Dartmoor Explorations

A collection of walks, discoveries, insights and pictures of exploring Dartmoor National Park

Wheal Fanny

Wheal Fanny is believed to have been opened as a copper mine around 1822, with a lead lode being discovered about five years after. The mine was originally worked together with Tor Wood mine (see separate post on this mine) which lies over a mile away to the north east. It is recorded (Harris) that the mine was also known as Crandford mine and the walls of the engine house, of local stone with fine granite groins, still partially stand, and around are the remains of the old workings, undulations and spoil heaps. This recording was circa 1960s and today very little is said to remain and certainly not visible from the (public) footpath / bridleway.

The mine was worked on and off until 1836, by which time the engine shaft had reached 30 fathoms and the adit driven approx. 300 fathoms. Then the mine remained idle but was reopened in 1851. This re-opening was unsuccessful and the mine was put up for sale in 1854. Finally the mine resumed work in 1864, on this occasion under the name of Leawood Mine. The mine was finally abandoned in 1868. Source of information : Mindat.org

Wheal Fanny Map
Wheal Fanny lies just to the west of the hamlet of Southerly (which is on the Dartmoor National Park boundary). With a little careful exploration some features of this old mine can still be found. Interestingly, the old 19th century map shows the mine as being tin and copper, whereas records suggest it was initially copper then lead.
At the north end of the old mine workings, shaft (1) as marked on the map can be found by looing over the hedge from the West Devon Way bridleway.
Shaft (1) looking over the hedge on West Devon Way.
In order to find the other old shafts (2, 3 and 4) at Wheal Fanny, the explorer must use the field over the hedge from the West Devon Way bridleway. Great views towards Sourton Tors and East Tor can be had.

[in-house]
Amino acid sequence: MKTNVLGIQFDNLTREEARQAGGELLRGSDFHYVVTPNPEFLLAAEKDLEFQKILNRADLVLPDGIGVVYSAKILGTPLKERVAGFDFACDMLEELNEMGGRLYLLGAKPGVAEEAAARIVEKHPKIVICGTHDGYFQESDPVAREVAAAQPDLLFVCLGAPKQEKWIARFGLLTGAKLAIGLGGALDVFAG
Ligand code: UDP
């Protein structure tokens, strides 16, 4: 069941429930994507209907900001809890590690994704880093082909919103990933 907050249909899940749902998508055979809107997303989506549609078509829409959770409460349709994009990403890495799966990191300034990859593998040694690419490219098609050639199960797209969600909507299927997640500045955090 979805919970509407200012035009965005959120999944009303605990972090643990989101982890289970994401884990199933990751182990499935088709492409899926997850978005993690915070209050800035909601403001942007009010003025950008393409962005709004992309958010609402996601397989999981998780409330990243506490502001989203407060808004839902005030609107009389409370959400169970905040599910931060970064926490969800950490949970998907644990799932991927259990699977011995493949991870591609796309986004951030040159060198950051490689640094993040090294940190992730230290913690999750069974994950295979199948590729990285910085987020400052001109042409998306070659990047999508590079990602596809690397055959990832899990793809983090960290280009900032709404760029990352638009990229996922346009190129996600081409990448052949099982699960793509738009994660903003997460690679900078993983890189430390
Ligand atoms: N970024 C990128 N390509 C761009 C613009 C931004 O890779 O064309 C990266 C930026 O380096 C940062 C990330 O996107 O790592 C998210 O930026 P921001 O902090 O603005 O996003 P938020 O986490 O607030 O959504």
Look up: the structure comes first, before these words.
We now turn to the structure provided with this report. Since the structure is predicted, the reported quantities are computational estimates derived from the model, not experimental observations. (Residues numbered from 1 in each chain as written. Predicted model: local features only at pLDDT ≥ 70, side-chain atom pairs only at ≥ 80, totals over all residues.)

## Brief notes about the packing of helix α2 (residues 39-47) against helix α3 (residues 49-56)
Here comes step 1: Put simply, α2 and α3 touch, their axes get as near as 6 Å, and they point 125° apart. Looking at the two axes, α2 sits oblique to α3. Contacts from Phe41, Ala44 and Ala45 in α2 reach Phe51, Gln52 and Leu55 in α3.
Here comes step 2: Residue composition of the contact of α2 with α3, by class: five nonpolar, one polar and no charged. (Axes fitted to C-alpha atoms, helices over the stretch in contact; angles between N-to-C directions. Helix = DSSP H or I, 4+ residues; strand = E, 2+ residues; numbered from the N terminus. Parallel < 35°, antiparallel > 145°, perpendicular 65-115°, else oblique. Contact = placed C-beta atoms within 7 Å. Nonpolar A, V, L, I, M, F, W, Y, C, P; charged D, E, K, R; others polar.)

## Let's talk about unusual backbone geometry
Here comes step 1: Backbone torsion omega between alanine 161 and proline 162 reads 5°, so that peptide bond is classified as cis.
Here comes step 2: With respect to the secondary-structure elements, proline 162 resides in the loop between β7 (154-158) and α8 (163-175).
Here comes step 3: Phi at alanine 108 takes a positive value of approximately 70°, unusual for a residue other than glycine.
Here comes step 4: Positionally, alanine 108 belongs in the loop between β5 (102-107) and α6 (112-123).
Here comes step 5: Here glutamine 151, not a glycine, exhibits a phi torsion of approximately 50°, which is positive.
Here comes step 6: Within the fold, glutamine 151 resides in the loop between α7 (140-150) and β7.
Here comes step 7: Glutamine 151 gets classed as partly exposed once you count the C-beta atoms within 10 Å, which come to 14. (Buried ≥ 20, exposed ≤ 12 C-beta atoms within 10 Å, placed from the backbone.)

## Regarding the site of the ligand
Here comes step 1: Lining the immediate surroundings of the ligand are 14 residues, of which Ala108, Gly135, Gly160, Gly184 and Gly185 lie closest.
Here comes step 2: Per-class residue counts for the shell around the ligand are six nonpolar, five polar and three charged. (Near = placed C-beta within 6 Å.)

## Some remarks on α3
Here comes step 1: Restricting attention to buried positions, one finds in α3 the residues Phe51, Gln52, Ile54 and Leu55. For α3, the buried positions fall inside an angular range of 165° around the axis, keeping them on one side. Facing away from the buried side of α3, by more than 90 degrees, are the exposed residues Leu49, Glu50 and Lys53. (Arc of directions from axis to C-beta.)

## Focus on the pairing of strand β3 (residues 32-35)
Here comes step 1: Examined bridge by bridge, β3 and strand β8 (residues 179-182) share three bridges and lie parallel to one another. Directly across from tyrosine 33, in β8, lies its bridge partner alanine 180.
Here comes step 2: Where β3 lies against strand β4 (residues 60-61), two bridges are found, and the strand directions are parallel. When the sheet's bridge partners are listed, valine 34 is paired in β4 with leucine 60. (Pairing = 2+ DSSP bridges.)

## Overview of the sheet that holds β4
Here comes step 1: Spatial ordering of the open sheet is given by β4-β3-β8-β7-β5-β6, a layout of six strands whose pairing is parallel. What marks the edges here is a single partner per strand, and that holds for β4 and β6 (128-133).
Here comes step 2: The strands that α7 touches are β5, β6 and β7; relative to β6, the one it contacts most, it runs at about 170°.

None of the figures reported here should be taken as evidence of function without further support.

Shaft (4) as shown on the map.
Alongside shaft (4) are the (hard to find) ruins of an old building. The building is clearly seen on 19th century maps. The old building can be found at SX5200 88383.
Looking north from shaft (4) towards shaft (3), Deep Valley can be seen, the location of where the sister mine (Tor Wood Mine) can be located.
Shaft (3)
Shaft (2)
Close up of shaft (2). At the mine, originally an adit connected a line of six shafts, with two air-shafts. However, there has been considerable subsidence and subsequent levelling by the owner (Source : Harris).
Hidden in the undergrowth near the footpath to Southerly are the foundation ruins of the former “Little Crandford” which are described in the HER as being “possibly associated with mining and quarry industry in the area. Visible on Ordnance Survey 1880s-1890s First Edition 25 inch map”.
The larger of the two buildings of (old) Little Cranford are shown on 19th century maps as having three rooms. This building is very overgrown.
Hidden in the undergrowth of the larger building of (old) Little Crandford, old farm / mine machinery can be found.
More old farm / mine machinery hidden in the undergrowth of the larger building of (old) Little Crandford.
Next to the West Devon Way bridleway lies the (new) Little Crandford, which has this lovely little outbuilding, which is shown on the old 19th century maps.
Little Crandford
Just south of (new) Little Crandford, old workings of the mine can be seen from the bridleway.
Adjacent to the bridleway and sandwiched between old workings lies a house called Bramble Moor. Great views towards Southerly Down can be seen to the east.
Southern end of the mine where a chimney once stood,

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  1. Glennon Chatting-Walters February 23, 2022

    Do you know how and why this was covered up? So interesting but can find very little on its history

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